Do you have beverage pairings that you gravitate toward in the summer?
I find beer and grilling to be a natural combination. Certainly rosé and margaritas, anything ice-cold. The temperature of the beverage is more important than anything else, like a michelada, drinks you can get super-cold that cut through all the grilling heat.
You work in Central Texas, which is a carnivore capital, but also a hot weather climate. Are your diners cutting back on protein portions and ordering more vegetables? Are you seeing the ratios change?
Absolutely. At Second, diners tell us exactly what they are looking for and we have responded. People know they can come in and several gluten-free dishes and they can get vegan dishes without feeling like a pain in the ass. We’ll absolutely do that at Boiler Nine, because people live in downtown Austin for that lifestyle. Obviously we’ll have meat. You’ll smell the oak — it’s a given. But we’ll also take vegetables and treat them like large cuts of beef. We’ll have carrots we ferment for months and then do a slow roast on the grill, or char them buried into the coals. We’ll incorporate several techniques. Even if you aren’t a carnivore, you still have the grilling experience and exceptional flavor. It’s not just grilled zucchini. We’ll have bars above the grill where we’ll hang bunches of carrots and radishes and allow them to smoke. Then we’ll serve them with a dip.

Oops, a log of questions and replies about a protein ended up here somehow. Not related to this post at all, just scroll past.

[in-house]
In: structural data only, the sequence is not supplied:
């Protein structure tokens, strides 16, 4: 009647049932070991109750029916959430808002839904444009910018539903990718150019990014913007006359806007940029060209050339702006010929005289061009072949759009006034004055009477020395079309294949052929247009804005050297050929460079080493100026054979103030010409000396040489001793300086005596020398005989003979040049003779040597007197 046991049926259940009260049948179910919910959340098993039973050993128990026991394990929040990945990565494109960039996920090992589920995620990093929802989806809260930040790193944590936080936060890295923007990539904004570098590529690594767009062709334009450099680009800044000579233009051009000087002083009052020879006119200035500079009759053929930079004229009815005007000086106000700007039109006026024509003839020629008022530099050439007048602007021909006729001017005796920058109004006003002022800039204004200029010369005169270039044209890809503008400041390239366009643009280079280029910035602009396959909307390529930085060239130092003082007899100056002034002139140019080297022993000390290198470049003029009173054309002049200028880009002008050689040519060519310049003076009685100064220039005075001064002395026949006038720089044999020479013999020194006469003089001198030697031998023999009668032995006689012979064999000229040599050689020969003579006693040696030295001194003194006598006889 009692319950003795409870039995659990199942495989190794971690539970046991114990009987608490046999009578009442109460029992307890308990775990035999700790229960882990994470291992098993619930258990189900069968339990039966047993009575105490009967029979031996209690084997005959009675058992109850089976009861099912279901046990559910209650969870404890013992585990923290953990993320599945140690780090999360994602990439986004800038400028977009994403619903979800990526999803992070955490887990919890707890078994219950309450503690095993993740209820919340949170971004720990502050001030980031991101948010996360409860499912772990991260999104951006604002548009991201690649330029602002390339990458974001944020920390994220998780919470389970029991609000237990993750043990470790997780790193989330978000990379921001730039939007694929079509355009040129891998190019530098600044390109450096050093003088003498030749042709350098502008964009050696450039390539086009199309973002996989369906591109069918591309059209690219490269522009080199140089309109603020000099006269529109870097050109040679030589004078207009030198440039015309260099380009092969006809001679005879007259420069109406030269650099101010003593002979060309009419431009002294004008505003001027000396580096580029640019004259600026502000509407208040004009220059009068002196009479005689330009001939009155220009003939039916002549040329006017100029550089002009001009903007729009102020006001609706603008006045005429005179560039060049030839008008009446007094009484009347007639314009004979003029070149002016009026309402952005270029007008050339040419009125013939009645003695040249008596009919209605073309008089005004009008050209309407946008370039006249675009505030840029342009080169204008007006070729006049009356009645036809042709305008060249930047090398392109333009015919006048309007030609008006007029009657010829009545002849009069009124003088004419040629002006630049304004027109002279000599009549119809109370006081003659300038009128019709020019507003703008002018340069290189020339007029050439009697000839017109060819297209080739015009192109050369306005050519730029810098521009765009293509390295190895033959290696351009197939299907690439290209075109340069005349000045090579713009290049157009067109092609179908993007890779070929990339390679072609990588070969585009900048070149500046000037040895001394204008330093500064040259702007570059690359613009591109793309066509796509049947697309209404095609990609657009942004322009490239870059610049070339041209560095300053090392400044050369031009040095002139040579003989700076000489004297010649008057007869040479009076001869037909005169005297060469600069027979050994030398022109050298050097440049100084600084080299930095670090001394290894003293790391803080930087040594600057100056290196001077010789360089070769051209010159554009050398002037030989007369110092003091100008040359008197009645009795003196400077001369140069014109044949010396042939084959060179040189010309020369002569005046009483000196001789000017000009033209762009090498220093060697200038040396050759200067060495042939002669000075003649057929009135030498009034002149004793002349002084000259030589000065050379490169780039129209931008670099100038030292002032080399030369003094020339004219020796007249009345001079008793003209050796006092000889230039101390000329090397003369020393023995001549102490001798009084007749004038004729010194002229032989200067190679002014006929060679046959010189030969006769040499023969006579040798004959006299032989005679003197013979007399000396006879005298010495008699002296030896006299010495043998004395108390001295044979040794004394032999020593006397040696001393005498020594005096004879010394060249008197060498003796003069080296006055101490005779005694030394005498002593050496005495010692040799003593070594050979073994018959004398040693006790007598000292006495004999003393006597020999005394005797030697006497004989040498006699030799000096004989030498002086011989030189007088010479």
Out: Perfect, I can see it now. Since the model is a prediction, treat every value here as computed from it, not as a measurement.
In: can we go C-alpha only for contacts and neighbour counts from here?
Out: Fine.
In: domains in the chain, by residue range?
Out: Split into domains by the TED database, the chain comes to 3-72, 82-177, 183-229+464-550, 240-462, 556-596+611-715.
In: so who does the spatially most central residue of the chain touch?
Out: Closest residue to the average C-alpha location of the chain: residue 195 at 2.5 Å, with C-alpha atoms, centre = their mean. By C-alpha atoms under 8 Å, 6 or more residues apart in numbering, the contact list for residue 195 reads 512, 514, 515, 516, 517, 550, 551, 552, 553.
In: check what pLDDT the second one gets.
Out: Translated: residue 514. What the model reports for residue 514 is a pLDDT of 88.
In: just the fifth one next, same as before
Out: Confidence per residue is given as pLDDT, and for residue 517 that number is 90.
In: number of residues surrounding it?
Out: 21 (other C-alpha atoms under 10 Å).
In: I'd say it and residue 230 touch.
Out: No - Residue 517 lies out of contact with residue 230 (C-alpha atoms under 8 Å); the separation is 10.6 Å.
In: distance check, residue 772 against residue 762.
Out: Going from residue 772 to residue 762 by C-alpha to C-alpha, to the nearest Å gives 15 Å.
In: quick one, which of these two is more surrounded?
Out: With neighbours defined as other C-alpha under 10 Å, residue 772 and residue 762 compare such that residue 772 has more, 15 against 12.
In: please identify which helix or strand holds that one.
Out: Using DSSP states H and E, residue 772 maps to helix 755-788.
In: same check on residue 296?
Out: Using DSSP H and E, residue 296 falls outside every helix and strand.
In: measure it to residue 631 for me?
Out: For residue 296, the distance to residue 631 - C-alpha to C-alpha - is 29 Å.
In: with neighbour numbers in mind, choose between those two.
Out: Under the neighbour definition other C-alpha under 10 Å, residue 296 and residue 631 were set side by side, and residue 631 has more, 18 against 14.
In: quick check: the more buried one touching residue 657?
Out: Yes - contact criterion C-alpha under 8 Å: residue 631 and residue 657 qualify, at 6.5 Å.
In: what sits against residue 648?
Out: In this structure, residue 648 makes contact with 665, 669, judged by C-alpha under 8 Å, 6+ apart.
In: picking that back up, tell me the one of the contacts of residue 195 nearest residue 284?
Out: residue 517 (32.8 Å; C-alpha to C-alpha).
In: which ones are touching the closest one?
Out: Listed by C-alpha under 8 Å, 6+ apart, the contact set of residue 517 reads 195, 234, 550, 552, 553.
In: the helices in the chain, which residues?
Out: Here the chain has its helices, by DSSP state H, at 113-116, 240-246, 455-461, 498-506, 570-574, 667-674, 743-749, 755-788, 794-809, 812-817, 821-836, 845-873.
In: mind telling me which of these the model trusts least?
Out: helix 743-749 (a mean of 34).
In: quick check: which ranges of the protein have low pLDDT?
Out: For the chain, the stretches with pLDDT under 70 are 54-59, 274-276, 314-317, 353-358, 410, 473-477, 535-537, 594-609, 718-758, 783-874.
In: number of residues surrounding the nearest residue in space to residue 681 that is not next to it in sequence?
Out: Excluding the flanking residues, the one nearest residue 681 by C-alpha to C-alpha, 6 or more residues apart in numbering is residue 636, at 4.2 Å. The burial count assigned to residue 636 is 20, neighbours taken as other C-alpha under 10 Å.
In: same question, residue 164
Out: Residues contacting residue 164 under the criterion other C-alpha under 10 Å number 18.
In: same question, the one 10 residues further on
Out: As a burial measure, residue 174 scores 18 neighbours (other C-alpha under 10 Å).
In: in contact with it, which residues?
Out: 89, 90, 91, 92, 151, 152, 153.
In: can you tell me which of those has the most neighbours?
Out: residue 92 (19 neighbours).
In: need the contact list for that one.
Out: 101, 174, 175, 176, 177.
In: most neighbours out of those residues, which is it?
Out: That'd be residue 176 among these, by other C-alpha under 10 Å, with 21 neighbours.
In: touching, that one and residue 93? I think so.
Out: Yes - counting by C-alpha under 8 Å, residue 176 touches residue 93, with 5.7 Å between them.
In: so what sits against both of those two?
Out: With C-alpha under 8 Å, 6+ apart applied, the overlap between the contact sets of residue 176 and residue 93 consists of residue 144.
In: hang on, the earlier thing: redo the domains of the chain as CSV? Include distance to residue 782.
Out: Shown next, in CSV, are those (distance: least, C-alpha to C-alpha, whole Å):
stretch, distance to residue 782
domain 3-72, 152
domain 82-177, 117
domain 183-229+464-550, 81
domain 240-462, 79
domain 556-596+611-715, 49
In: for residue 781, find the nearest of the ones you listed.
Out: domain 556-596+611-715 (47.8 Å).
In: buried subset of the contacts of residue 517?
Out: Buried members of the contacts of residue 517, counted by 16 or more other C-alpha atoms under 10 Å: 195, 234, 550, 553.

At Congress, you created three spaces: a casual restaurant, a cocktail bar and a fine dining restaurant. Will that tiering happen at Boiler Nine?
There are four levels and each will have a dedicated theme. Each has a different menu that will appeal to times of day and how you like to dine. We certainly found success with that at Second and Congress. We want you to come in for multiple reasons. You can experience Boiler Nine in different ways based on what you choose to be a part of, so we’ll highlight that and make them completely different experiences. I think it will be really special.
Boiler Nine Bar + Grill will open in late 2014. For more information, visit the Seaholm Development site.